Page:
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Shofar FTP Archive File: places/austria/press/bombings-arrests-1993

Archive/File: fascism/austria upi.121093
Last-Modified: 1993/12/17

From: (UPI)
Subject: Police arrest two right-wing extremists after letter bomb attacks
Copyright: 1993 by UPI, R
Date: Fri, 10 Dec 93 7:36:47 PST
	VIENNA (UPI) -- Police arrested two right-wing extremists following a
wave of letterbombs and sought more suspects who may be linked to neo-
Nazi groups in Germany, the interior minister said Friday.
	The main suspect, a 26-year-old electrician, was arrested by Czech
border guards who found weapons in his car as he tried to cross the
border on his way to Berlin.
	The man matched a picture police had sketched from information given
by a woman who said she saw him buying the stamps used on the packages
at a post office near Vienna.
	Ten letterbombs were sent, one of which ripped three fingers off the
left-hand of Vienna Mayor Helmut Zilk, one of the country's best-known
politicians. Three other bombs exploded and six were safely detonated.
	``We have a thread in our hands which we have to pull on,'' said
Michael Sika, the police officer leading the hunt for the suspects.
	``We have our first success ... but I think we have a long way to go
before we get to the bottom of this case.''
	Sika said police found glycerine and other bombi-making chemicals in
a flat in Schwechat outside Vienna owned by Alexander W., the other man
arrested. They also found an envelope similar to the ones used for the
letterbombs, Sika said.
	However, police called for more help from the public and warned there
may be further letterbombs.
	German police are also helping by trying to establish what contacts
the two suspects may have with right-wing groups in Germany where
attacks against foreigners have risen in recent years.
	However, a spokesman for the Bavarian intelligence service, who asked
not to be named, dismissed the suggested connections as ``nothing more
than an assumption at this stage.''
	The attacks have prompted a wave of soul-searching in Austria, a
country known as a haven of tranquility which has not taken sides an
international conflict since it became neutral in 1955.
	``Blood is flowing for the first time since the Second Republic came
into being (in 1945),'' said Hans Mayr, Zilk's deputy.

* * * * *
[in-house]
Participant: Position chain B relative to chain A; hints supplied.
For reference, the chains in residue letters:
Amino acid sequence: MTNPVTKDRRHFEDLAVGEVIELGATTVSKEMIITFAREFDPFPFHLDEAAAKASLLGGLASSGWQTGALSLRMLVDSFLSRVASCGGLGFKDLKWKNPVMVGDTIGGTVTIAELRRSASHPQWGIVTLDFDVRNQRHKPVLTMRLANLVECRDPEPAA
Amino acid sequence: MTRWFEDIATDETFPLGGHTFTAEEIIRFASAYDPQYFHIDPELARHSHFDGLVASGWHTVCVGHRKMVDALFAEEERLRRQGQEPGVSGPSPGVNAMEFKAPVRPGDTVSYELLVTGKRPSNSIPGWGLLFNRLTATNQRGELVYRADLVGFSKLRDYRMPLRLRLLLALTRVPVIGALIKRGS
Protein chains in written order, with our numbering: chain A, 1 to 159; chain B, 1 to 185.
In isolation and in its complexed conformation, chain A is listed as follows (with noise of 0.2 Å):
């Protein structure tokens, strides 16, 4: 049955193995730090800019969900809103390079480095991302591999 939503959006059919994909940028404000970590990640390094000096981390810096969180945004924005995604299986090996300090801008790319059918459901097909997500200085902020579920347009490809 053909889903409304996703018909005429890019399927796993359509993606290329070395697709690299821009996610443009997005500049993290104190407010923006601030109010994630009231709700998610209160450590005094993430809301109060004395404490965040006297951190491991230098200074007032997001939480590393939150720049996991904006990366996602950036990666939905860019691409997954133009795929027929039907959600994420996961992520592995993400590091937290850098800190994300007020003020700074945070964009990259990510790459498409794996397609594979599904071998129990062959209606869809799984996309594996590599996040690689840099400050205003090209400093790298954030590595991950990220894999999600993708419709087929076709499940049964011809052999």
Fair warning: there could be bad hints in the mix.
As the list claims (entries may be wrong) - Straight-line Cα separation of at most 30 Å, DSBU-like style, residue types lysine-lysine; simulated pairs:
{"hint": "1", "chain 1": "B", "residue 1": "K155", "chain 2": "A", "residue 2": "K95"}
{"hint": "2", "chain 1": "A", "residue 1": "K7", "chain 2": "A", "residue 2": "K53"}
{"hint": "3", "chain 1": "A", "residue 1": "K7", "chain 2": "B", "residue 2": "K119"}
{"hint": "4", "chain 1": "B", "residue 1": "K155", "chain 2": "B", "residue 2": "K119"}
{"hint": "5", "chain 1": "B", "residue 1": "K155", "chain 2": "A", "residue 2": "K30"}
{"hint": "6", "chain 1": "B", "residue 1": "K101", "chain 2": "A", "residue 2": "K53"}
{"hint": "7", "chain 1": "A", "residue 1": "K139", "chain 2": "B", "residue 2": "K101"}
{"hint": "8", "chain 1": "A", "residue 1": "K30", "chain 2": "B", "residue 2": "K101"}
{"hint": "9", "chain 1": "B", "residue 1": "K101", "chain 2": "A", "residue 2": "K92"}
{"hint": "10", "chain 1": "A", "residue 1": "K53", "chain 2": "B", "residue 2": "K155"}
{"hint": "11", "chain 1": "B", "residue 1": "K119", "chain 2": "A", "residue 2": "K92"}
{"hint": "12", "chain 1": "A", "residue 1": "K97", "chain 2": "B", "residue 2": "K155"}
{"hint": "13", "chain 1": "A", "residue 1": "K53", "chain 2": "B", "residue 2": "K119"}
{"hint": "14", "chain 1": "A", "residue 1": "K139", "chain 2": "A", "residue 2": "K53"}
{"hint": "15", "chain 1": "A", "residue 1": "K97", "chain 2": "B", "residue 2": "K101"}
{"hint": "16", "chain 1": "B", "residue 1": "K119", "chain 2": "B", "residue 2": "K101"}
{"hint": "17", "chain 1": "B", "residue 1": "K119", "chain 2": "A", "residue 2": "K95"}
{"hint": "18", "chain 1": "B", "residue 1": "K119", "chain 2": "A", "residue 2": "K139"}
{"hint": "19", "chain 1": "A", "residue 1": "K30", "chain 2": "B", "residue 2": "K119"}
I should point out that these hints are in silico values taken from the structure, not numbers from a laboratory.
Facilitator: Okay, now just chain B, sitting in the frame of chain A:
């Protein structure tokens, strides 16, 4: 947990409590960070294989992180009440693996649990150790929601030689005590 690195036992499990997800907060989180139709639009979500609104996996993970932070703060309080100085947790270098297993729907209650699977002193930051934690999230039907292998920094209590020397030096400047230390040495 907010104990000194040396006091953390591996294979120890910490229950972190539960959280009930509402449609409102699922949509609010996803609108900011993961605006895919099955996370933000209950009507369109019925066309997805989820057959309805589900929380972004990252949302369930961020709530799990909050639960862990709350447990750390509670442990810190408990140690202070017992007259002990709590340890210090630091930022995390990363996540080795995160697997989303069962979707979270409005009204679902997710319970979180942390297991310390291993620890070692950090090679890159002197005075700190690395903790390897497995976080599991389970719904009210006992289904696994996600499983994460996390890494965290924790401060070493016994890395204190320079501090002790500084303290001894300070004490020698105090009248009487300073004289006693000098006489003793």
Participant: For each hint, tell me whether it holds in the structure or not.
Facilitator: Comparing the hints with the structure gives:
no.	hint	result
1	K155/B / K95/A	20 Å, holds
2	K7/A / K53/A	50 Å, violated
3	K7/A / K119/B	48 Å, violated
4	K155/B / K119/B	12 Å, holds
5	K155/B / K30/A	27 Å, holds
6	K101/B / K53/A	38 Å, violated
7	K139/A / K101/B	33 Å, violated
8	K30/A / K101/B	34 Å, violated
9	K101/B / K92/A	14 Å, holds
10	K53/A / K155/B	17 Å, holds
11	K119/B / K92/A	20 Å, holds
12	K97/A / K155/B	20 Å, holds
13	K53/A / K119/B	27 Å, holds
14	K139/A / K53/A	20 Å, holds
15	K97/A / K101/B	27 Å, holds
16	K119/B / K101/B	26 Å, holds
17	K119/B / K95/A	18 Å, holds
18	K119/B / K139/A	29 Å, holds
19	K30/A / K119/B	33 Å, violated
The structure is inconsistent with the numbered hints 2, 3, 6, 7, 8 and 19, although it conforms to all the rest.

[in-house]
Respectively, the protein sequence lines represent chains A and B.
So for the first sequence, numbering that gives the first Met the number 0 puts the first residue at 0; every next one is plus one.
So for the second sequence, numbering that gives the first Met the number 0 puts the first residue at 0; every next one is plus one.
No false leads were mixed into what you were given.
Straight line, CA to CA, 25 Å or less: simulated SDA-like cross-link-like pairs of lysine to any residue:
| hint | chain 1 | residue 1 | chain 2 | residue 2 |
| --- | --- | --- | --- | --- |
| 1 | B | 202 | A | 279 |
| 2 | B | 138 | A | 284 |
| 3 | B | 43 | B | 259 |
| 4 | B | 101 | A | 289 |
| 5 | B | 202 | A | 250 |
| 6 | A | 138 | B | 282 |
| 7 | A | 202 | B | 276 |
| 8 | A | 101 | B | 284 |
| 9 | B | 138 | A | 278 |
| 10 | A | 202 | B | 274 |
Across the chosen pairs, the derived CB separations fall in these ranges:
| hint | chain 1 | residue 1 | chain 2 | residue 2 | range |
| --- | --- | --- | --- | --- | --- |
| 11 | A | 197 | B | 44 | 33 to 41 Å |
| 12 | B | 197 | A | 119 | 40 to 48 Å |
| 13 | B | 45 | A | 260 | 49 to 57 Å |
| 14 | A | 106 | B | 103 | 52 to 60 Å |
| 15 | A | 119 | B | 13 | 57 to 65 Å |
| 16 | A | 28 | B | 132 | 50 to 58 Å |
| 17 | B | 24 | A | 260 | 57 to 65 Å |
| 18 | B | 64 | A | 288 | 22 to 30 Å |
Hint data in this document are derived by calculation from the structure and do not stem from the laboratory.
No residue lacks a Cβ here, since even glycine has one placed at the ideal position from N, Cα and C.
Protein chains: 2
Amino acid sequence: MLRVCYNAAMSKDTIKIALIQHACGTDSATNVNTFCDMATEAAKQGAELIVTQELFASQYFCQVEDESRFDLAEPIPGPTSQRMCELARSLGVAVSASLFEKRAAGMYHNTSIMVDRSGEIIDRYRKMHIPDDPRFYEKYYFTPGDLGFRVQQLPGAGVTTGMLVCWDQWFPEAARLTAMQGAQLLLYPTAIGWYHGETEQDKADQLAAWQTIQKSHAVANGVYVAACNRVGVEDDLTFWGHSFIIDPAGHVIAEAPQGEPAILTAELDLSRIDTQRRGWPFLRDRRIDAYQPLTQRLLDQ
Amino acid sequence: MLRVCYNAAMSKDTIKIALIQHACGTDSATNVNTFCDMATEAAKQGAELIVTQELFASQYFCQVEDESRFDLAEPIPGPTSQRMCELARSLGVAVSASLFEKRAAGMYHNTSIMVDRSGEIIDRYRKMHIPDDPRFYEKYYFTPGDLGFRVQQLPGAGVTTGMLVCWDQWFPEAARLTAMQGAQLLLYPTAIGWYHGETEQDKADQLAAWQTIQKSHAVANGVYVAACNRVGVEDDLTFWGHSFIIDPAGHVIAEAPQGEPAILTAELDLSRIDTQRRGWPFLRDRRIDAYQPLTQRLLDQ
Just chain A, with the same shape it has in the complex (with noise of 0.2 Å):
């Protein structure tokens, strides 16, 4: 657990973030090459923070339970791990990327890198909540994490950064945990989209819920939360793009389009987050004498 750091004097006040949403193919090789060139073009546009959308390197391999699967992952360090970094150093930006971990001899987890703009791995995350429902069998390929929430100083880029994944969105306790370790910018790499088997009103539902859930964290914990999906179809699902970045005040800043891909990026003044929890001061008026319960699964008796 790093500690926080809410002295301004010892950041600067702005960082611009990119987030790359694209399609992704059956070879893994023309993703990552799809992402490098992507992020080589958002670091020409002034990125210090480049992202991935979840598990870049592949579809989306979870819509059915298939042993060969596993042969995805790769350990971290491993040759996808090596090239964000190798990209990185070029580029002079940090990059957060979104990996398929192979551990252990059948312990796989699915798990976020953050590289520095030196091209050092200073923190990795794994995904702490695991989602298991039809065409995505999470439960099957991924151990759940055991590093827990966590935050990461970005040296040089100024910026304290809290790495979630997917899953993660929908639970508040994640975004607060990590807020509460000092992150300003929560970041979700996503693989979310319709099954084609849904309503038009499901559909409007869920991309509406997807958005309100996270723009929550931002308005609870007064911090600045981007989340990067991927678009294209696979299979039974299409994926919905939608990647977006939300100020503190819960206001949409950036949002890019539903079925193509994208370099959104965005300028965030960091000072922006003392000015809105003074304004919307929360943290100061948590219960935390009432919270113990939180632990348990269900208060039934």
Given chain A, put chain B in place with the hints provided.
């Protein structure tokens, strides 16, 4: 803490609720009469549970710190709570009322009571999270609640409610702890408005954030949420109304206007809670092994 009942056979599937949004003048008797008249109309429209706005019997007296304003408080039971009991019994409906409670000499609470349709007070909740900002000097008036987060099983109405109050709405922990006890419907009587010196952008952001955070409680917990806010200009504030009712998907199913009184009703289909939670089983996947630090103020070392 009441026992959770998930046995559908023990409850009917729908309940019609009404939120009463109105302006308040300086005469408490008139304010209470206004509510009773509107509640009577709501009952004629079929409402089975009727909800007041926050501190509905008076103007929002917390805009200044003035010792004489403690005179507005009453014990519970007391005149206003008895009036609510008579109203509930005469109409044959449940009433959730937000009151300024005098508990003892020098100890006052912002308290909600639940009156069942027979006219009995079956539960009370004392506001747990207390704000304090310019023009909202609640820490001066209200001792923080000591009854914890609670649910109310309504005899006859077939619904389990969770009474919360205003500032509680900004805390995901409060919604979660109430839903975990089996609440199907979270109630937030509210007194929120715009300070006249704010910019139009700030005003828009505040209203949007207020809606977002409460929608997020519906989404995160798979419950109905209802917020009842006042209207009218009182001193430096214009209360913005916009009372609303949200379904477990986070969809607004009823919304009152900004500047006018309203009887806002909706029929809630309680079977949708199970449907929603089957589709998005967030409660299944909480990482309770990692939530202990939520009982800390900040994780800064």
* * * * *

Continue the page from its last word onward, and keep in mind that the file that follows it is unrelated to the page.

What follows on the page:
The letterbombs included a note saying ``We will defend ourselves,''
a phrase made famous by Count Ernst Ruediger von Starhemberg who
defended Vienna against the massive Turkish siege in 1683 and has
recently been idolized in right-wing literature.
	That and the carefully chosen list of victims suggests the bombs are
a part of campaign against the growing number of illegal immigrants who
have entered Austria looking for work since communist regimes in central
and eastern Europe fell in 1990.
	The seven million Austrians also have taken in about 75,000 refugees
from the fighting in former Yugoslavia -- more per person than any other
country in Europe.
	The attacks began Dec. 10 when Silvana Meixner, a journalist at the
headquarters of Austrian television, lost one finger and was wounded in
the eye as she opened a letter addressed to her.
	Nine more bombs were sent, including two addressed to well-known
politicians from the left-wing Green Party and one to Helmut Schueller,
the priest who runs the Catholic charity Caritas and has been at the
forefront of a campaign to prevent an outbreak of the sort of anti-
foreigner violence seen in Germany recently.
	However, the attack on Helmut Zilk, Vienna's well-known mayor, caused
the most outrage.
	According to a report in the magazine News, the Vienna Town Hall has
special equipment to scan mail for possible explosives but the device is
not used on mail which is addressed ``personal.''
	Zilk was rushed to hospital after losing three fingers when he opened
the letterbomb which had been processed by town hall officials and
brought to his private appartment.
	Earlier this year, Zilk, Schueller and others formed a broad alliance
including rock musicians and actors intended to counter-act a campaign
by right-wing politicians, who they said were blaming rising
unemployment and crime on the growing number of foreigners in Austria.
	With a series of concerts and candle-carrying demonstrations the
group managed to derail plans by Joerg Haider, the leader of the right-
wing Freedom Party, who was determined to change the constitution to
forbid immigration to Austria.

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